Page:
Sunday, May 25, 2014

Liberty's Kids


I was happy to have found this in a remainder bin in a supermarket.  Originally produced in 2002, Liberty’s Kids: Established 1776 features great acting in support of strong historical writing.  Nominally intended for 6 to 12 year-olds, the stories include people (Phillis Wheatley) and events (Dunsmore’s Proclamation) that I had to look up.  After watching this, I sent them on to my sister’s kids. 

The viewpoint characters are two young teenagers: James Hiller and Sarah Phillips.  He is American and an apprentice to Benjamin Franklin.  She is English and staying with Franklin who is a friend of her family.  Also, she is seeking her father, an army officer stationed at Fort Pitt on the Ohio frontier. The third youngster is a French boy, Henri Lefevre, who was indentured to pay off his parents' passage when they died en route.  Franklin’s adult worker is Moses, a former slave who worked at skilled trades and market jobs to buy his freedom.   His brother, Cato, is still a slave. Cato joins the British Army to earn his freedom, and eventually leaves for Canada with the Tories.  This is all very complicated.

We also meet Benedict Arnold, the hero of Fort Ticonderoga (voice by Dustin Hoffman).  Arnold Schwartzenegger speaks for Baron von Steuben. Maria Shriver is Benedict Arnold’s wife, Peggy Shippen. Whoopi Goldberg, Billy Crystal, Michael Douglas, Michael York, Aaron Carter, Liam Neeson, Sylvester Stallone, Norman Schwarzkopf, Russell Means, and Warren Buffett also give voice to the characters.  Heading the line-up is Walter Cronkite, as Benjamin Franklin, in his last working role. 

Liberty is for everyone and the writers take a little of it with the facts, though not egregiously.  It is true that John Adams insulted John Dickinson. It is not true that Benjamin Franklin was standing right there when Adams’s attempt at apology was rebuffed. 

The worst problems are within the guide for teachers and parents provided on the website, http://libertyskids.com/.  There it is claimed that we only have the freedoms that the government gives us.  That contradicts the Declaration of Independence:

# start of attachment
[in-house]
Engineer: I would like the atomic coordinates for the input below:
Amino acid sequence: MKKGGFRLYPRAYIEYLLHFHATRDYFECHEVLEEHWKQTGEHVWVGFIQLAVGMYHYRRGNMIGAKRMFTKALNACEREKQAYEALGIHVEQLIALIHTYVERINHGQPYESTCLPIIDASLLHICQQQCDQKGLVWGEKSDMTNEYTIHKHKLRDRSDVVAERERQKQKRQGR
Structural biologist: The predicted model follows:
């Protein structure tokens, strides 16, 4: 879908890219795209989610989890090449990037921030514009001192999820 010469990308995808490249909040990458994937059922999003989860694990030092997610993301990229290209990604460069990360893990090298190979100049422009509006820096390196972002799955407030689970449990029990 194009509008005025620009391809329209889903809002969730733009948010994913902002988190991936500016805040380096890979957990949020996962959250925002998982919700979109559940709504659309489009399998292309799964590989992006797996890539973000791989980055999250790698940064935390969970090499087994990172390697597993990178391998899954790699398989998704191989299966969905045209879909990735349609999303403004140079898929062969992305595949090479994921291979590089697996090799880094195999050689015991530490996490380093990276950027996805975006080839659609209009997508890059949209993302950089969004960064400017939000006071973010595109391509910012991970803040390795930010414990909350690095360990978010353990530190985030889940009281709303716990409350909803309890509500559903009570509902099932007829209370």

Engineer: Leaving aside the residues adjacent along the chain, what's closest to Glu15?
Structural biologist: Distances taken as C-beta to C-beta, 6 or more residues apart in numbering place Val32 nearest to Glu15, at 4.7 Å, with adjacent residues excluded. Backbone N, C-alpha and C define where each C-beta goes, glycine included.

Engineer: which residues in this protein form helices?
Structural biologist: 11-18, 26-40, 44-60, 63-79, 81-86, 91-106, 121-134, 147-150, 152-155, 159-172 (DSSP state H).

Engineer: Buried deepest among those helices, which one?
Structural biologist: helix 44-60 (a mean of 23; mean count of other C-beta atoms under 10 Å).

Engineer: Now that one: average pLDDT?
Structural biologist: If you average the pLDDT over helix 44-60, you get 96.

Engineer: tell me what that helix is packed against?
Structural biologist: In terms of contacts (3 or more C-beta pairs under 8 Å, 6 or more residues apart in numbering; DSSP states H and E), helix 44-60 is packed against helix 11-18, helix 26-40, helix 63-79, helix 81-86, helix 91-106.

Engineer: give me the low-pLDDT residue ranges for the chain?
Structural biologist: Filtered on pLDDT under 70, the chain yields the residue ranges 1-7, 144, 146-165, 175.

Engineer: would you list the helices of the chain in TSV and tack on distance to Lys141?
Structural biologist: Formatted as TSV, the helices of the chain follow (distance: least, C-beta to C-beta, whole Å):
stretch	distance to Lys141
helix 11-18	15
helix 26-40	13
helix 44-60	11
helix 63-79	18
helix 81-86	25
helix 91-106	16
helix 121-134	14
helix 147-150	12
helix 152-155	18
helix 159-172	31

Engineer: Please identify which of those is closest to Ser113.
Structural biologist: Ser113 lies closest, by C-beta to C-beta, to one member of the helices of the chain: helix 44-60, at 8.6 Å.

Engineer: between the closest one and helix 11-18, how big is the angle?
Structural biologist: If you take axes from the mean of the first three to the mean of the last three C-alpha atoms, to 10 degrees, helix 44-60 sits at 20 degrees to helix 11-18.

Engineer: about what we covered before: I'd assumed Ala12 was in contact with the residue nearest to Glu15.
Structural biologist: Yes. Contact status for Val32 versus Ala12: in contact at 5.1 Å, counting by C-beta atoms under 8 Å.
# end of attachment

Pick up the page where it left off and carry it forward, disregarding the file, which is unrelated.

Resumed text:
“We hold these truths to be self-evident, that all men are created equal, that they are endowed by their Creator with certain unalienable Rights, that among these are Life, Liberty and the pursuit of Happiness.--That to secure these rights, Governments are instituted among Men, deriving their just powers from the consent of the governed, --That whenever any Form of Government becomes destructive of these ends, it is the Right of the People to alter or to abolish it… “
The Liberty’s Kids website does provide an interesting array of games and activities.

The series garnered several media awards.  Walter Cronkite was recognized with two Daytime Emmys for acting.  The Television Critics gave the entire series its award for 2003.  The Humanitas Prize (Wikipedia here; and homepage here) recognized the writers for two episodes: Marc Scott Zicree and Elaine Zicree for “Common Sense”; and Doug McIntyre for “Liberty or Death.”

The creators, Michael Maliani and Kevin O’Donnell brought their experience from Sailor Moon, Inspector Gadget, Strawberry Shortcake and other popular series.  Their ideas were then developed for production by Andy Heyward who grew up in the TV business and bought the production company DIC Entertainment from Radio-Television Luxembourg in 1986.  In addition to the many writers who worked on individual episodes, most of the series was the work of Jim Staahl. His credits begin with Sid Caesar and Steve Allen, continue through Mork & Mindy, Charles in Charge, and Young Hercules, and include Second City Theater and SCTV.  Jim Staahl was a writer for the Emmy Award series “Teacher’s Pet” from Disney.

The forty chapters run 24 minutes each.  The show has aired on PBS, CW, and MyNetwork TV. It still runs on independent stations that want to meet FCC requirements for educational programming.  CBS placed it under their labels “Slumber Party” (2006) and “Cookie Jar”  (2008).  Also in 2008, it ran on The History Channel.  In 2012, the series went digital on qubo.  

The entire set of DVDs can be found for sale new and used on Amazon, Barnes and Noble, and other sites online.  Or watch the bargain bins at the supermarket.

Also on Necessary Facts

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